The idea that families getting CalWORKs assistance were having extra children to get more money has been proven to be an anecdotal myth: the extra $100 or so a month would hardly cover the cost of raising an extra child, and at any rate CalWORKs assistance is limited to 48 months, and is virtually impossible to live on exclusive of any part time jobs. The result of this “welfare reform”, now in its 19th year, has been an increase in family homelessness and people working low wage jobs, usually bouncing on and off CalWORKs over several years.

Senator Holly Mitchell has for years championed revocation of this rule, with this year’s bill SB 23 in play currently.

State Earned Income Credit: The Governor is putting in a State Earned Income Tax Credit ( a junior version of the Federal one) which will help estimated 825,000 families with an average of $460-something a year (although some families would receive up to $2,00 plus) . The NY Times explains:

“Responding to criticism that he hasn't done enough to help the poor, Brown proposed a $380 million earned income tax credit that his administration said would help as many as 825,000 families and up to 2 million Californians. The average tax credit would be $460 a year with a maximum credit of $2,653 for families with three or more children, to complement the federal tax credit program. It would be available to individuals with incomes of less than $6,580, or up to $13,870 for families with three or more dependents.”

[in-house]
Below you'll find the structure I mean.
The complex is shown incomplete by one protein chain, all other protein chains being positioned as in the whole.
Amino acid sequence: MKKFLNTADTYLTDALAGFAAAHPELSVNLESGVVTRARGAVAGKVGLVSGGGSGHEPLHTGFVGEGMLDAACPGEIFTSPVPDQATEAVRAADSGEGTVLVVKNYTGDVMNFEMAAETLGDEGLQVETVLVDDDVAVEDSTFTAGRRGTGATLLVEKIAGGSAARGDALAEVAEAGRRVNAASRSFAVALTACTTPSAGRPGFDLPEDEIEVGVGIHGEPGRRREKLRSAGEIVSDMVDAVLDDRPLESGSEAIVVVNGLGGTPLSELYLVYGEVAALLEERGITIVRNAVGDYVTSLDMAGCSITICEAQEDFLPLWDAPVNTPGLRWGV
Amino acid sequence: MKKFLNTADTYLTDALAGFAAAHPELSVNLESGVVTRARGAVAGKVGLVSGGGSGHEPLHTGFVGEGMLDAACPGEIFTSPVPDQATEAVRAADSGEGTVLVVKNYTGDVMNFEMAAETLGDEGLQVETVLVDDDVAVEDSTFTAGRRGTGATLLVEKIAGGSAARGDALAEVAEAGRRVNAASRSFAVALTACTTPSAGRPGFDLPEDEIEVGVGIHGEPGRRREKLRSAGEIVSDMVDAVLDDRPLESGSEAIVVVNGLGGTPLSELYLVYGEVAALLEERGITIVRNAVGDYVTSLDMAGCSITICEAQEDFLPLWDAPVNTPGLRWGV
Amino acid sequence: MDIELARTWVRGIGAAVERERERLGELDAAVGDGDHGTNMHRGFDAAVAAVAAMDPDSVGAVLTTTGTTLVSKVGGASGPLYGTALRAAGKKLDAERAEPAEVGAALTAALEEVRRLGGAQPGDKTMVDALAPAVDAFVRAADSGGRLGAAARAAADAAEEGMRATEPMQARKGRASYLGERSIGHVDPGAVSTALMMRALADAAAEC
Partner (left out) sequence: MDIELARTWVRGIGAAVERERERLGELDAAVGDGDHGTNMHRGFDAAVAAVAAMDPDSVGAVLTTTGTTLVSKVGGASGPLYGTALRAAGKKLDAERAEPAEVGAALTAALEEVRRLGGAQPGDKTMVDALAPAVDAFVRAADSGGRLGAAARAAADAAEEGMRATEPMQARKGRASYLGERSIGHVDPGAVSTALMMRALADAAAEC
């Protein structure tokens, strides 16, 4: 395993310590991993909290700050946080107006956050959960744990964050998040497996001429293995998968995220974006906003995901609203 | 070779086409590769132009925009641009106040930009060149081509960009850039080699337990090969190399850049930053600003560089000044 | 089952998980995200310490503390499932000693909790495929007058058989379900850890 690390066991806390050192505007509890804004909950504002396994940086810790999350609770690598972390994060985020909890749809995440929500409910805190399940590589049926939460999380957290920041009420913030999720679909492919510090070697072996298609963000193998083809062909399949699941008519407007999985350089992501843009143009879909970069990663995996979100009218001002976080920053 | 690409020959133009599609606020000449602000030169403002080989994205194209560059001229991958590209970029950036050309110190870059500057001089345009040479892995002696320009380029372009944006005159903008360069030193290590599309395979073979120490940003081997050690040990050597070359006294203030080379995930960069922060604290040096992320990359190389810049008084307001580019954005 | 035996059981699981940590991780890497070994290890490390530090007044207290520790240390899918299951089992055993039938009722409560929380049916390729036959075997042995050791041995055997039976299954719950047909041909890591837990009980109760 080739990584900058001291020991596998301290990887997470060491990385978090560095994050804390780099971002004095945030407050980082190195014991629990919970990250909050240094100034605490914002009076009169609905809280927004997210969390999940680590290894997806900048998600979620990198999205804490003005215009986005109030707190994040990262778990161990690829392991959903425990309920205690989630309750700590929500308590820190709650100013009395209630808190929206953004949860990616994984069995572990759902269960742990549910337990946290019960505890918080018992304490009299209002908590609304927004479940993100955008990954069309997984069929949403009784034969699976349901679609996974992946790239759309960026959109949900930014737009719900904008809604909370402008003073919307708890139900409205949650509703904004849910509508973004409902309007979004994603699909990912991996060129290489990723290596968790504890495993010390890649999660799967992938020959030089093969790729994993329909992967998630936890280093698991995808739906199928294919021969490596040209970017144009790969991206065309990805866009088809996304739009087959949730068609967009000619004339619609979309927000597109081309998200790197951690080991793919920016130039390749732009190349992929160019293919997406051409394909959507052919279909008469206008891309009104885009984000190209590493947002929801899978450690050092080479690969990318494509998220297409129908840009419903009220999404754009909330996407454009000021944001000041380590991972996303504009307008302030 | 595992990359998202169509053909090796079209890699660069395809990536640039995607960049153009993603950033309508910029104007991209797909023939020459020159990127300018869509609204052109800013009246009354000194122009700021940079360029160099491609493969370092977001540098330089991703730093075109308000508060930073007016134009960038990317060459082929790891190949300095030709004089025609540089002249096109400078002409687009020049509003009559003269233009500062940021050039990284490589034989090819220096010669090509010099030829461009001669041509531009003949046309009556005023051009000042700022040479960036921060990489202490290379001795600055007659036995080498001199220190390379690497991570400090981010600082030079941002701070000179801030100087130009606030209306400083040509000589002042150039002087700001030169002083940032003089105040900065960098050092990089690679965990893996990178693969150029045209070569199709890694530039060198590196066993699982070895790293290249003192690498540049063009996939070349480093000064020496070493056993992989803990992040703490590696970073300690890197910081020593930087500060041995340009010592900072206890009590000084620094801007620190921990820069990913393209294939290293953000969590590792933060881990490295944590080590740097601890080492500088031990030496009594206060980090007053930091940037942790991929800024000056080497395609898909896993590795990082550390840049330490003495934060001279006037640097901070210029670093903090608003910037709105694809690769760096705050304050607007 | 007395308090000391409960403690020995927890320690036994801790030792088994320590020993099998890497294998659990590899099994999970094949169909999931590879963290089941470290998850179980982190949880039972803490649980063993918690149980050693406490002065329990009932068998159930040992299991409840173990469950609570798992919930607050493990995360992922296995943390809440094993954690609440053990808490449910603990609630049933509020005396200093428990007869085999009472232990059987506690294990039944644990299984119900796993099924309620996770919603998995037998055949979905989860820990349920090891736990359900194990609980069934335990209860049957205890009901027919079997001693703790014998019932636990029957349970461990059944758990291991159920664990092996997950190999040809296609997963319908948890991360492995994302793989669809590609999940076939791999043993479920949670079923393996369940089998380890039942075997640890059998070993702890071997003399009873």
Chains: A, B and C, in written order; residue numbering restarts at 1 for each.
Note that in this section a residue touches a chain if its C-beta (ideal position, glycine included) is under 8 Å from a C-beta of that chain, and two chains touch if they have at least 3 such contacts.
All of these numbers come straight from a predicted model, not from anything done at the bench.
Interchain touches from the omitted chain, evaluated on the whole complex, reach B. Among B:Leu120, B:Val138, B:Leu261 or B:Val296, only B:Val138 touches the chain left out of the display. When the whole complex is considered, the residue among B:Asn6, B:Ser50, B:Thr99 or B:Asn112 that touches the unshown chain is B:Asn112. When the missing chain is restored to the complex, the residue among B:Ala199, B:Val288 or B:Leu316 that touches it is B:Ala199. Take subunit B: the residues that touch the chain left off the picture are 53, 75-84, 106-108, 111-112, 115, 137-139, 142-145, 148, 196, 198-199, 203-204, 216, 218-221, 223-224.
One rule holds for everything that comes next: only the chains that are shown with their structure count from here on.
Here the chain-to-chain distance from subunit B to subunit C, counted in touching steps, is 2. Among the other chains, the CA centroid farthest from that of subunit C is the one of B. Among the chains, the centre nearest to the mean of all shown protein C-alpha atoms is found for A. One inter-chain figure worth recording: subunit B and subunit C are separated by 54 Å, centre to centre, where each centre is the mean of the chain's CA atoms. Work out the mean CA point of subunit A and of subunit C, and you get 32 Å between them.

“The income tax credit was a hit with Republican lawmakers. Democrats and advocates for the poor also welcomed the tax credit but said it does nothing to help seniors, people with disabilities, immigrants who lack access to health care, and parents unable to work because they can't afford child care.”

Traffic Ticket Amnesty: The Governor is also establishing an amnesty program for people with past due court ordered debt from traffic infractions (some say based on his personal experience of getting ticketed for parking at a yellow curb), where the debt can be reduced by 50% and the admin fees reduced from $300 to $50, and drivers license re-instated. This amnesty program is listed as one of his anti-poverty measures. Although it will help people in poverty, as well as anyone else of any income level who didn’t pay the fine, it’s hardly a New Deal type program to deal with the 23% of Californians that even his budget admits, are under the Supplemental Poverty level (which is the federal poverty line but takes into account the cost of living in California.)